Kate Cornell was diagnosed with type 2 diabetes in June of 2005. Since then, she has controlled diabetes through dietary changes, exercise, and, more recently, metformin. She shares her experiences and lessons learned here and on her blog, Kate's Sweet Success, which was named as one of the top diabetes blogs for 2015 by Healthline.com.
Changing what you eat when you’re diagnosed with type 2 diabetes is a necessary evil. Breakfast can be one of the most difficult shifts since many of the breakfast foods we’re used to eating are loaded with carbs.
Things like pancakes, waffles, donuts, and breakfast cereals are easy to identify as foods we should avoid. But this article highlights six breakfast foods that may seem healthy but will wreak havoc with your blood sugar.
Nuts and whole grains sound healthy but when they're combined with dried fruit and added sugar it can be a nightmare for people with diabetes. One cup of granola with raisins and a ½ cup of lowfat milk can equal 108 grams of carbs.
Love granola and don't want to give it up? Find a low-carb variety that fits the bill.
English muffin with nonfat yogurt
Yogurt can be a good choice, but only if you opt for the plain, full-fat variety, which most people don’t do. Otherwise it can be loaded with carbs. Add an English muffin with a tablespoon of preserves, and you’re looking at 88 grams of carbs for your breakfast.
Opt for Greek yogurts that are plain, vanilla flavored, or sweetened with a bit of honey. Skip the English muffin, and try a bit of fresh, seasonal fruit on the side instead.
A bran muffin sounds so healthy! Unfortunately, in today’s world, everything is oversized. An extra-large bran muffin packs an unhealthy 81 grams of carbs. Add some fruit and you’ll top 100 grams in no time.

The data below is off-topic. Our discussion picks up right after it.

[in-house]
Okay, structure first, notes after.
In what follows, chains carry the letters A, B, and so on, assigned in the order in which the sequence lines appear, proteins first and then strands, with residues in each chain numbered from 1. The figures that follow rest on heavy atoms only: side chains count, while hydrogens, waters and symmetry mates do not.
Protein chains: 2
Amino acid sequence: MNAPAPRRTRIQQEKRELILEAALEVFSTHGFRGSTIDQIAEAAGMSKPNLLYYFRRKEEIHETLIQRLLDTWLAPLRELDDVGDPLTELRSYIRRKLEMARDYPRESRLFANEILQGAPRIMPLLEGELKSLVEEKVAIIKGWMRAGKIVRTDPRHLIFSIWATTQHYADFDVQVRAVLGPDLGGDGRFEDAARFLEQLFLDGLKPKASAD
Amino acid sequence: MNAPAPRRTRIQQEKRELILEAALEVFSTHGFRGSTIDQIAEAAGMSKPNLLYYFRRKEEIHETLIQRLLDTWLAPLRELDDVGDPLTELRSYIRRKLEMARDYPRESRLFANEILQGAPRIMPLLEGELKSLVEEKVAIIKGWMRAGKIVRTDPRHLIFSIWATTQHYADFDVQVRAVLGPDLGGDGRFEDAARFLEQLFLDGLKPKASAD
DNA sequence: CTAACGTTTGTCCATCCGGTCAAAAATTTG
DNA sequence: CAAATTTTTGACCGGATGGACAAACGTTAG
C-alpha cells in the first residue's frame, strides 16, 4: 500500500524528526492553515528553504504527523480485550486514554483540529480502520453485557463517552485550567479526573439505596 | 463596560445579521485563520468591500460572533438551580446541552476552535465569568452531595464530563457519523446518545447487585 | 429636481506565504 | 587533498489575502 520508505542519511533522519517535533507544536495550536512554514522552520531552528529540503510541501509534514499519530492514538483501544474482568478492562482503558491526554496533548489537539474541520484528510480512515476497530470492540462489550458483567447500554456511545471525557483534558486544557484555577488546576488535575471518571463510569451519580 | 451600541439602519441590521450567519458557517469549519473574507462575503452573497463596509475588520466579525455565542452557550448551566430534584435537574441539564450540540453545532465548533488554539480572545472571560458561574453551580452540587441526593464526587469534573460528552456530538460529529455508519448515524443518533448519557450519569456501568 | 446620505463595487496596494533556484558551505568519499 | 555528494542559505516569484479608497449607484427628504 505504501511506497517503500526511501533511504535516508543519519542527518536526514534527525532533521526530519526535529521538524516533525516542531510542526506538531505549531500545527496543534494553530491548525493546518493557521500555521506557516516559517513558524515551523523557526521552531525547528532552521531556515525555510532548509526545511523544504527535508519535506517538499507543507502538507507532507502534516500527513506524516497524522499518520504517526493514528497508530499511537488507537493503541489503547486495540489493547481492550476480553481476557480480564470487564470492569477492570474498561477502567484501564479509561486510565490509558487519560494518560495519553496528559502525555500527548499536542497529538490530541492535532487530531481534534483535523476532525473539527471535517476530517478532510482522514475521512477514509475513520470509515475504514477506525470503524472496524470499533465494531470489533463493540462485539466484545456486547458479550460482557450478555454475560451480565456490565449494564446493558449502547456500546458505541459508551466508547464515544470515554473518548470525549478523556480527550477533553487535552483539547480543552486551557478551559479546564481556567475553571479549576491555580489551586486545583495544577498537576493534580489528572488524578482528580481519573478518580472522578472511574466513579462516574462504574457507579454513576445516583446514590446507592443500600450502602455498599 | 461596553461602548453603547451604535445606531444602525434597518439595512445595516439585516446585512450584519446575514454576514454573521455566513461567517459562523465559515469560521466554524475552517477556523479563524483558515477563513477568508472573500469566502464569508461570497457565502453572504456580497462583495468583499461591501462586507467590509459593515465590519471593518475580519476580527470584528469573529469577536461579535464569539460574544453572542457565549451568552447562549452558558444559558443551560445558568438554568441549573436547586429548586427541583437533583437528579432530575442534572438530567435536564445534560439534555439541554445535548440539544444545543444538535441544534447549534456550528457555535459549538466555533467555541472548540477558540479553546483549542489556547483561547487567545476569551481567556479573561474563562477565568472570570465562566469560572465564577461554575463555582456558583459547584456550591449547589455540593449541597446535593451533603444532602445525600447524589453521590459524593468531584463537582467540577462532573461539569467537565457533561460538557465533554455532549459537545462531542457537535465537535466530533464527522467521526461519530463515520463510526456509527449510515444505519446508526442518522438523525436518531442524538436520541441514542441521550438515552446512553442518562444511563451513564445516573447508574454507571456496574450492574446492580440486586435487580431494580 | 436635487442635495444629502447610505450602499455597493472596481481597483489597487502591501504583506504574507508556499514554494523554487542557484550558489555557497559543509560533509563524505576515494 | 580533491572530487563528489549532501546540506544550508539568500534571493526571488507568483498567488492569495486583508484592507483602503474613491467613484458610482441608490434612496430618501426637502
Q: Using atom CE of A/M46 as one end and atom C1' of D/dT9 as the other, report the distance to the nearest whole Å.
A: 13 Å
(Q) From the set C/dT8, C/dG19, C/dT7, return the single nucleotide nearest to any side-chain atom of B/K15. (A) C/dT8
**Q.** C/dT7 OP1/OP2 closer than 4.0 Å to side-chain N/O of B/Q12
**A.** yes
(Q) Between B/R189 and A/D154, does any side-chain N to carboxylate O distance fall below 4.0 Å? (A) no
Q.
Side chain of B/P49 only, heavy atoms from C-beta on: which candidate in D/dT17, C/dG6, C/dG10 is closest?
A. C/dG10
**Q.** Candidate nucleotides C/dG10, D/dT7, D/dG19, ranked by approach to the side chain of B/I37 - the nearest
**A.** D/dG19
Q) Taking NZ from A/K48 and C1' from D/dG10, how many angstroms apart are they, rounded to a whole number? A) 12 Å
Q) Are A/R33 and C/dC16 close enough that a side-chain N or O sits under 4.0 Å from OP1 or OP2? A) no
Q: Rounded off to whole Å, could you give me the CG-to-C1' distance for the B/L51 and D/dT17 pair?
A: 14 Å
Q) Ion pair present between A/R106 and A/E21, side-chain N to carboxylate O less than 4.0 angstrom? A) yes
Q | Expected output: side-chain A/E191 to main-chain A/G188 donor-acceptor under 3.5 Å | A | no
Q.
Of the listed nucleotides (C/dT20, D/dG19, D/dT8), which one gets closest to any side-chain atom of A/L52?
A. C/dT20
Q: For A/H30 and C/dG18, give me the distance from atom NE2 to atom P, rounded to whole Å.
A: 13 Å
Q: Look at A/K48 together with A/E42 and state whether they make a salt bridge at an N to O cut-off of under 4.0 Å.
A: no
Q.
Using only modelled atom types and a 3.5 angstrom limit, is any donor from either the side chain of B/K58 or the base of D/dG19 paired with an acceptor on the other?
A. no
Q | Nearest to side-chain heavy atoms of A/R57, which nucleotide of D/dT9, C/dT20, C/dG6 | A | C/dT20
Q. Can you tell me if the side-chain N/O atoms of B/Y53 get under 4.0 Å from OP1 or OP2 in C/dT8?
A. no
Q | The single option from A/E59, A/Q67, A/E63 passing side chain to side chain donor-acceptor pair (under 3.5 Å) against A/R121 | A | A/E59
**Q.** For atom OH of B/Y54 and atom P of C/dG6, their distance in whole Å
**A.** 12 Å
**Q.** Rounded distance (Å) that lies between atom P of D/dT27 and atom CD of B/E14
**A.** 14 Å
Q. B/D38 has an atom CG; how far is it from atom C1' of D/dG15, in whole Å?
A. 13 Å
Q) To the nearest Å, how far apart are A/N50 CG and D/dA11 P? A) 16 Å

Get the taste you crave by making your own lower-carb muffins at home. Check out these blueberry muffins, just as one example.
Smoothies are everywhere these days and are being touted as a healthy way to “eat”. However, those smoothies you can buy are loaded with added sugars and often made with fruits, like bananas, that are higher in sugar. A banana-berry smoothie contains 96 grams of carbs in just 22 oz.
Opt for making your own smoothies at home and you’ll be better off. Check out our 3 Steps to the Perfect Diabetic-Friendly Smoothie for some ideas.
Bagel and banana
This one seems obvious to me; bagels are carb-bombs and bananas contain loads of sugar. If you’re eating this, you’re sabotaging all your hard work.
Instead, how about a couple of eggs and a piece of low-carb toast?
One packet of instant oatmeal with raisins contains 32 carbs, and who can survive on that little bit of food?
Oatmeal isn't all bad, though. It may still be a good option for you (if your meter agrees), but go for steel-cut or old-fashioned oats and do a bit of cooking.
Do yourself a favor and plan to cook in the morning. There are lots of easy, nutritious breakfast options for people with diabetes.